Thing is on face value I would agree with Butkin - if - i hadn't seen v v v simular situation in practise! In this case, it's shocking how the horse responds to the child. I know most tbs are unpredictable (not brave enough myself) but our 16.2 'been there got the t shirt, ex hunter affiliated sj' just responds so well to 9yr old in board, better than her mum on board in fact! It may well be naive, but he does seem to know to look after her? I know any horse can spook / buck etc, and it is a long way down! But I think we are all sensible enough to know our horses / situations?

In our particular case the main problem now is 9 year old needs to refine the aids, which is difficult when your legs only just past the saddle! So her mum is looking for a pony, good luck headless!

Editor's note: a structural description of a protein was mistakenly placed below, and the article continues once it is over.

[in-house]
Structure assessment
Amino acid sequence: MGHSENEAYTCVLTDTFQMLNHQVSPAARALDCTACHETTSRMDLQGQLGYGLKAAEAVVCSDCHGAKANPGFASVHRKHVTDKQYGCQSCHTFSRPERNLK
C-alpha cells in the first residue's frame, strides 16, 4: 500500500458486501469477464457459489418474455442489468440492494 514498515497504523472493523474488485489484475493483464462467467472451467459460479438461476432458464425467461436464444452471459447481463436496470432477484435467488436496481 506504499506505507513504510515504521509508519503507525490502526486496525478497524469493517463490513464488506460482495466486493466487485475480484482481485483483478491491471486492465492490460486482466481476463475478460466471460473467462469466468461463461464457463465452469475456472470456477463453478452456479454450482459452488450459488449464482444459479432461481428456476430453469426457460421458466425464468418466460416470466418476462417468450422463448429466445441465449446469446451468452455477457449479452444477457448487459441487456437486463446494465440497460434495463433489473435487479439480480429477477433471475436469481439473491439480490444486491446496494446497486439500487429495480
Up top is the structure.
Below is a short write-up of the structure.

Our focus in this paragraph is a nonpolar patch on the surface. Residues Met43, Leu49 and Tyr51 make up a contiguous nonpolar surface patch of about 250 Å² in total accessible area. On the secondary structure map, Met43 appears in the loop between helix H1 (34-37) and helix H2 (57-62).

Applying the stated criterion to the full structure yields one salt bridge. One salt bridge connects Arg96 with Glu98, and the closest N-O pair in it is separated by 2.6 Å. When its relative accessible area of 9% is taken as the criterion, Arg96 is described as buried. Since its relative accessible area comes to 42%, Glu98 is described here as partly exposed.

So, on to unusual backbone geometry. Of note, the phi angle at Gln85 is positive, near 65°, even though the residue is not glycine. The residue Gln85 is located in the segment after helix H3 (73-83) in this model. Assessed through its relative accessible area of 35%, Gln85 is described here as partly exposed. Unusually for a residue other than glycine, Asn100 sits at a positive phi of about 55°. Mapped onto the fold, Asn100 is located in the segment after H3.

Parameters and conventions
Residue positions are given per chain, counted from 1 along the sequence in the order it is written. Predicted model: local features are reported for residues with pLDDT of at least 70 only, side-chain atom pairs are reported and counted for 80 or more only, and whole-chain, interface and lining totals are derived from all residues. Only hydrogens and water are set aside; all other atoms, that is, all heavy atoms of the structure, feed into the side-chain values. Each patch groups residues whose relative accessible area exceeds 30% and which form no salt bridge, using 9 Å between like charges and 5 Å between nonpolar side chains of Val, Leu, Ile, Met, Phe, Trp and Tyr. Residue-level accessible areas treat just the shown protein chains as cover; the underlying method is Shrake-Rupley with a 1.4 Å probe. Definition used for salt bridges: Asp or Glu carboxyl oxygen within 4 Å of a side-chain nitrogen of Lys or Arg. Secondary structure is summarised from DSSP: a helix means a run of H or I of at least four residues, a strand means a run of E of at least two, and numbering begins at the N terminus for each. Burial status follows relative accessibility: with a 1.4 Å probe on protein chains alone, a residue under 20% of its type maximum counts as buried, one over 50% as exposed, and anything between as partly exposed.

mrslaughan Sat 27-Oct-12 11:48:00

I am not going to join the debate about him being a thoroughbred, because I am a novice (but learnt to ride on thoroughbreds in NZ), but in my experience with DS the odd fall has really helped him.
DS insisted on riding with reins like washing lines - no contact, until he had a little tumble... He was in trot, but kept on asking for more with his legs, with no contact, got canter, panicked took a tumble , pony god knows managed to not stand on him, and he now rides with a beautiful contact. he learnt his's not as if his instructors weren't constantly trying to impress on him the importance of a contact, but until he fell off, I guess he couldn't see the point.

Callisto Mon 29-Oct-12 12:51:24

I wouldn't put my 7yo DD on anything that big, and definitely not off the lead rein. It is a heck of a long way down for a child, especially when going at speed, and I think your DD was incredibly lucky not to hurt herself. And children don't bounce, I know a little girl who broke her leg falling off her 12hh pony in trot.